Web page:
Saturday, May 12, 2007
The Rubin Museum and this guy and his tulips
"Things are not what they seem, nor are they otherwise."
That's a quote written on the Rubin Museum. It is not attributed.
Yesterday, as I was about to enter the Subway, a man stopped me and said excuse me, can I ask you a question. I was in a little bit of a rush, but the man seemed earnest, holding a five-dollar potted plant, in front of my favorite bodega. He asked me the best way that he might ship the plant he was holding to his mother in California. I told him that there is a whole network of people waiting on the other end to bring his mother flowers if he so chose to order and send them to her. He said, oh, that's how it typically works? And I told him yes, I believed so.
I did not, however, wish to crush his dream if he was hellbent on those wilting tulips making their way to his mother, so I told him another route would be to pack that puppy in a box, as tightly as he could, with padding or pillows or the new biodegradable packing foam, and pray for the best. He asked me if that is something I would do, use the biodegradable foam, and I said maybe not on a plant, but sure, it's much better for the environment.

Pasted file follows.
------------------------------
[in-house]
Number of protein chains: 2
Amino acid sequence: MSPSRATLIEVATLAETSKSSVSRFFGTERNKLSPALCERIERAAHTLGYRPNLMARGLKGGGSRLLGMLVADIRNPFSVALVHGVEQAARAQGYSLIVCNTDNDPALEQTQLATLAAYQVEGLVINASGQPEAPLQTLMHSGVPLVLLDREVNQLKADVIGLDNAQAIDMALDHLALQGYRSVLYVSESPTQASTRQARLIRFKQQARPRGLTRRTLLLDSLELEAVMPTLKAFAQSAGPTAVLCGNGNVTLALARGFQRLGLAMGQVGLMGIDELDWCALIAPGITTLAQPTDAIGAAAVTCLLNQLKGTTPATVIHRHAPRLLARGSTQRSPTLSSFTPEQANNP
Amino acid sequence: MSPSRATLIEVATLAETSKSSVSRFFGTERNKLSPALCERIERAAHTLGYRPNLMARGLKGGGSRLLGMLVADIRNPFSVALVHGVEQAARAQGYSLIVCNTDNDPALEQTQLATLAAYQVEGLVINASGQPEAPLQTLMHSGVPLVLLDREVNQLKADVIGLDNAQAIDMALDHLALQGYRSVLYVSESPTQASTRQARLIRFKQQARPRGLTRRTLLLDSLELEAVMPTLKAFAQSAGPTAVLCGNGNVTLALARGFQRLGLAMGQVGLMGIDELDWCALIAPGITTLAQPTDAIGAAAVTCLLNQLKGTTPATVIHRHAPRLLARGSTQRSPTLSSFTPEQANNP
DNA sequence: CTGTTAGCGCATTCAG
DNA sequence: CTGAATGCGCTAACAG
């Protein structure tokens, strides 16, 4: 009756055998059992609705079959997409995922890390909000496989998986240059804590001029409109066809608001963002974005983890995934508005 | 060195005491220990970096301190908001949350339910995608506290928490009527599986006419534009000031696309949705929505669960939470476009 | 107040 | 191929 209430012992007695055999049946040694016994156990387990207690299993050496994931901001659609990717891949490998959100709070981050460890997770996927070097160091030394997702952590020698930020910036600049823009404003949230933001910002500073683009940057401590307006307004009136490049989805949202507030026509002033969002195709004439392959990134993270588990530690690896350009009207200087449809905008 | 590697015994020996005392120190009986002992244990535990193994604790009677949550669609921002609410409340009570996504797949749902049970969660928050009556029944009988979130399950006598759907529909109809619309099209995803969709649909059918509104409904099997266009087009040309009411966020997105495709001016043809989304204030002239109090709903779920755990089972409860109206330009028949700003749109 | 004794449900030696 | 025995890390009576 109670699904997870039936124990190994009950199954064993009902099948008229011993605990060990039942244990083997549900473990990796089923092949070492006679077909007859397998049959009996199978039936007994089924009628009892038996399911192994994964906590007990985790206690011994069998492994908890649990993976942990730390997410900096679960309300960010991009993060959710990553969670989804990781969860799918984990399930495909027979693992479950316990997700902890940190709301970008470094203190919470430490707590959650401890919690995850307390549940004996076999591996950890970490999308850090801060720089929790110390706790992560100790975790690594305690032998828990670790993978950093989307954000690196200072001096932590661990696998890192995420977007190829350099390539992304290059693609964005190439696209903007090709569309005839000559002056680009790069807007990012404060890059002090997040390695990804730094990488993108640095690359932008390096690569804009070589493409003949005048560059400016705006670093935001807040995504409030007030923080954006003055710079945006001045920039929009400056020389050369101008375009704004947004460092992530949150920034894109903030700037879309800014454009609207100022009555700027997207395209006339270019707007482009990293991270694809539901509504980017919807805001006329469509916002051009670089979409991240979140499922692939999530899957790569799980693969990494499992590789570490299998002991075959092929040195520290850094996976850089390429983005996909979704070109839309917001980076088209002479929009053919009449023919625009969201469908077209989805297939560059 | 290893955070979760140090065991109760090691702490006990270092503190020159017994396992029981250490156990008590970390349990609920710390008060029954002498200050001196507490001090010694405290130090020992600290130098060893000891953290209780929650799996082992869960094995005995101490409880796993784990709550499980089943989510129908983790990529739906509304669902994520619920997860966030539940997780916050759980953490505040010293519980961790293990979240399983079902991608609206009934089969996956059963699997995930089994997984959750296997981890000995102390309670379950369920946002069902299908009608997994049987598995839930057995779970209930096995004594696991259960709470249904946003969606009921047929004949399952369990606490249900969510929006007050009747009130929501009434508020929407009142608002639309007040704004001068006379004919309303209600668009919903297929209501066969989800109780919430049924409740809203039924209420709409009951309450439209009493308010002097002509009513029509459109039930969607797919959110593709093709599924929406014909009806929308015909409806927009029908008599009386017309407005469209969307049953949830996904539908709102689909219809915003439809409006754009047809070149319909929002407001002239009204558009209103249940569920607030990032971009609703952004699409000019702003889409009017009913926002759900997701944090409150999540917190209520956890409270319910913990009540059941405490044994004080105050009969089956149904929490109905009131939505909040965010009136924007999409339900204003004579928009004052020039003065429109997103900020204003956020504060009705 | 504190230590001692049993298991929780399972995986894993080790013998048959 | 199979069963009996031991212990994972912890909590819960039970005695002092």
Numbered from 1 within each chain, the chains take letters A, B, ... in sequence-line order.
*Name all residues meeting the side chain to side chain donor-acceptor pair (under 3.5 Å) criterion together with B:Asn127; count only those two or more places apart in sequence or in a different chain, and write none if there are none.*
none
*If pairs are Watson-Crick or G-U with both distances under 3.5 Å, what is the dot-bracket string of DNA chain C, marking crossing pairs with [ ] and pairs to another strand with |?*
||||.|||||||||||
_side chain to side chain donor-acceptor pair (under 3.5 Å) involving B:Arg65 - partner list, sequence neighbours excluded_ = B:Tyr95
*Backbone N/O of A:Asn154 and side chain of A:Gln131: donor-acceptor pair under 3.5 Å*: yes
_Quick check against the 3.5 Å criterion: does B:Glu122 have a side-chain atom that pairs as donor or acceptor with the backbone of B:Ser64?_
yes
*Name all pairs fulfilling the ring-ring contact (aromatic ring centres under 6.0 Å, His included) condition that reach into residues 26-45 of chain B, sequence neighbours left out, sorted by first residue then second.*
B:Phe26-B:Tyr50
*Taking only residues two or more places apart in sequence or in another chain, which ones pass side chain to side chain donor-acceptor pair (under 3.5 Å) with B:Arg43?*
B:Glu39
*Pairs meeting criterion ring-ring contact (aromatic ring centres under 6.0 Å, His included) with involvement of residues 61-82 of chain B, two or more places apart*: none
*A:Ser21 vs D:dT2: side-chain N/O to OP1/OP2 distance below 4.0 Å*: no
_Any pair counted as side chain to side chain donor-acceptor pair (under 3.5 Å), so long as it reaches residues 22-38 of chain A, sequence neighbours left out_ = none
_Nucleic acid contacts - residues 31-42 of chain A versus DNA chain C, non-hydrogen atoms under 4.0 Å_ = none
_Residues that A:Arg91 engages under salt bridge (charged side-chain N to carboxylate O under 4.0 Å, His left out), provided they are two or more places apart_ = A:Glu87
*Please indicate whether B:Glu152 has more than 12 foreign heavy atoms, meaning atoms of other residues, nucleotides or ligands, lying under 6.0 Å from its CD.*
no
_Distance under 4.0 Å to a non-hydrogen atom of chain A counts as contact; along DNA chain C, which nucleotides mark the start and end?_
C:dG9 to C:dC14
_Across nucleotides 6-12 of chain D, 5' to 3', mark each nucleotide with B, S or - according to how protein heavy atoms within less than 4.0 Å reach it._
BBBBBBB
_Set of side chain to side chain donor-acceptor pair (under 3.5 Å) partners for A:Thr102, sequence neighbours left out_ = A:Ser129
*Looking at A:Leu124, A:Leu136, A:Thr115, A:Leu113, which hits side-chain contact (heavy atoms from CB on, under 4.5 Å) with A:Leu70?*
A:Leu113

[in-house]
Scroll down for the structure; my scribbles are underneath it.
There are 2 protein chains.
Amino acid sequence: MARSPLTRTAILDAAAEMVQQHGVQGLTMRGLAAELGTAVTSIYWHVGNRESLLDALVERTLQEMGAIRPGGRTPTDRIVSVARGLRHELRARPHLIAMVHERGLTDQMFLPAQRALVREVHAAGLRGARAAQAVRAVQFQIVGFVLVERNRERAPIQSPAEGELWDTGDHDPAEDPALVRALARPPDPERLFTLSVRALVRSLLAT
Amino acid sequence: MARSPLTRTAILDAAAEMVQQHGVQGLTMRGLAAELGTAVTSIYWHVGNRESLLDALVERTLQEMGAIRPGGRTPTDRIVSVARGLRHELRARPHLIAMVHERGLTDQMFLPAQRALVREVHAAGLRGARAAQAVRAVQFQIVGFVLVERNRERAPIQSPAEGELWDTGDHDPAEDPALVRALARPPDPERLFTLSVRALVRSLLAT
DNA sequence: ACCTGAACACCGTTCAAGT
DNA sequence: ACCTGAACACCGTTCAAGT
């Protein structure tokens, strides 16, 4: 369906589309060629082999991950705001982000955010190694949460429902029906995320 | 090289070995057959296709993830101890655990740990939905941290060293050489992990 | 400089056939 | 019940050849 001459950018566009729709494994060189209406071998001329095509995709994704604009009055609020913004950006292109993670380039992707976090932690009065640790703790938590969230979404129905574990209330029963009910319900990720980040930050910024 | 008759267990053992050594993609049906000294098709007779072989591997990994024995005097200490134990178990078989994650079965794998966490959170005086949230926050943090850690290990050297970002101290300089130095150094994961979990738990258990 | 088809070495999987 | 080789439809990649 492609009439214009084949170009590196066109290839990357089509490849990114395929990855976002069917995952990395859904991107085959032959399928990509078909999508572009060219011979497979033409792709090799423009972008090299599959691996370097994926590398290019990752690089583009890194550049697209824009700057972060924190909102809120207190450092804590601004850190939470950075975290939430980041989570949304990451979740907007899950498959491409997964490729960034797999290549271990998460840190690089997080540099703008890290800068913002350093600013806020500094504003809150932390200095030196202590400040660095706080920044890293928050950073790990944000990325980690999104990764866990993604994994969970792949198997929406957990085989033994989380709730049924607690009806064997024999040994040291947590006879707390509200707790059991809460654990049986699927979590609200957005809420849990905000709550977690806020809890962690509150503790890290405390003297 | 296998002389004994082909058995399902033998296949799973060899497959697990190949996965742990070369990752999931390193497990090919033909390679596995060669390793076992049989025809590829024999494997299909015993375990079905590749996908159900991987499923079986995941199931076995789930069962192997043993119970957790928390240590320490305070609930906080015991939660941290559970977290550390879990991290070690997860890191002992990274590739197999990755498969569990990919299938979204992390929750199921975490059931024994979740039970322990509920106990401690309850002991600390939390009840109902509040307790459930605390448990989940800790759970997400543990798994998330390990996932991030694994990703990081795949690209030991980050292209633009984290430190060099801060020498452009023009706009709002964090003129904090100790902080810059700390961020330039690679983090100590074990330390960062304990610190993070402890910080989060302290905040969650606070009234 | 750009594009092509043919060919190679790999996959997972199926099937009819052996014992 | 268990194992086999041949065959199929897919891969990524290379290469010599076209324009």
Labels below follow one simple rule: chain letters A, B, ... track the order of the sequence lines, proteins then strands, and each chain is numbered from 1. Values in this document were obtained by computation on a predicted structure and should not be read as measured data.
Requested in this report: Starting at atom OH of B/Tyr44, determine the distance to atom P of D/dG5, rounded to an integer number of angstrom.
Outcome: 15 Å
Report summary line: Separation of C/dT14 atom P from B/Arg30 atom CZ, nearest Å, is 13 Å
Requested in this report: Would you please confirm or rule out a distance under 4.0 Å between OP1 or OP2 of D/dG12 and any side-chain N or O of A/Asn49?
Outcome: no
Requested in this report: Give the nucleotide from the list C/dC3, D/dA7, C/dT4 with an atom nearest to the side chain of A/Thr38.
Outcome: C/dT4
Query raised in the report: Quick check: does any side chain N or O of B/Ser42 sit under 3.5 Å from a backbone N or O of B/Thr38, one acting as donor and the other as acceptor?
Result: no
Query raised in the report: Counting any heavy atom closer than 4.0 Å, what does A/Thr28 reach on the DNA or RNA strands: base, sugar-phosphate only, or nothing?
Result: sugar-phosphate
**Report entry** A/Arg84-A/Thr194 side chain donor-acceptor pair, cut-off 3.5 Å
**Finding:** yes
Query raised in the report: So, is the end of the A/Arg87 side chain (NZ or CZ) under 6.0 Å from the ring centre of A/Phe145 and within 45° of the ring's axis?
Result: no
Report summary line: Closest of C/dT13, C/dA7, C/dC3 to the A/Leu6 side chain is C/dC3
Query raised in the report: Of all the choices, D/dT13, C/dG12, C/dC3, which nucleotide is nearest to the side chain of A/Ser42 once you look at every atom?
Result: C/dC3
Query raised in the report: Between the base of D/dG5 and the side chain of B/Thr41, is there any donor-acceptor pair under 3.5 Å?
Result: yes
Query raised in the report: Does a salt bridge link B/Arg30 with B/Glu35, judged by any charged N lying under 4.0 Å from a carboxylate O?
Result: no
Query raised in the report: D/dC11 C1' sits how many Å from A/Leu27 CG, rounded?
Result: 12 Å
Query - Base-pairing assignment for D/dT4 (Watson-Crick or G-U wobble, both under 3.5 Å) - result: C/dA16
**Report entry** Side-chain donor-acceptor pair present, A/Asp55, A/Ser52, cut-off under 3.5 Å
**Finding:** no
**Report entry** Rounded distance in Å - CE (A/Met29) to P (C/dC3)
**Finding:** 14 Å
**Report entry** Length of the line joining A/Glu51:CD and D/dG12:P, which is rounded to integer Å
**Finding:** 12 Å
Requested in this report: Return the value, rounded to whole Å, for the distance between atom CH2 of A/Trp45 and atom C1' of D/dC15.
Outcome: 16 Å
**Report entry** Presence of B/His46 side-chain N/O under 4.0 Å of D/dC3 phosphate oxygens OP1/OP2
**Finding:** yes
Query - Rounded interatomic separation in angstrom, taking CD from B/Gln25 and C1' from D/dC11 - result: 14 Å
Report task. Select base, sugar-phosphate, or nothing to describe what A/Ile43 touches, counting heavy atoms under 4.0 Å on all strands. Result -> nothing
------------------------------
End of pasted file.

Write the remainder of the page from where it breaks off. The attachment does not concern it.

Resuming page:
I re-descended the stairs and completed my journey to Manhattan. I got to the Rubin Museum at 8:30, just in time to accidentally catch their Talkingstick program. Talkingstick, apparently takes place every second Friday of the month. Last night one of my favorite comedians, Master Lee, was there and a fabulous woman named Janice Erlbaum, and a man who simply called himself "Mr. Patrick." The major thing I learned about Mr. Patrick is that he took a vow of silence for twenty years and will not live anywhere he can not park in front of. So now he's talking and lives in Harlem. I missed the intro to the talk, but I am assuming the theme had something to do with the Dalai Lama, or meditation, or mindfulness.
I learned this story about the Dalai Lama:
The Dalai Lama was meeting with Chairman Mao and Chairman Mao asked him if Tibet had a flag and the Dalai Lama told him that they did. So Chairman Mao looked at him and said, "Good, I think that it is good that Tibet has a flag, and I think that you should keep it."
So, the Dalai Lama says, if there is ever a problem, if anyone says anything about the Tibetan flag, just tell them I saw Mao, and Mao said it was ok.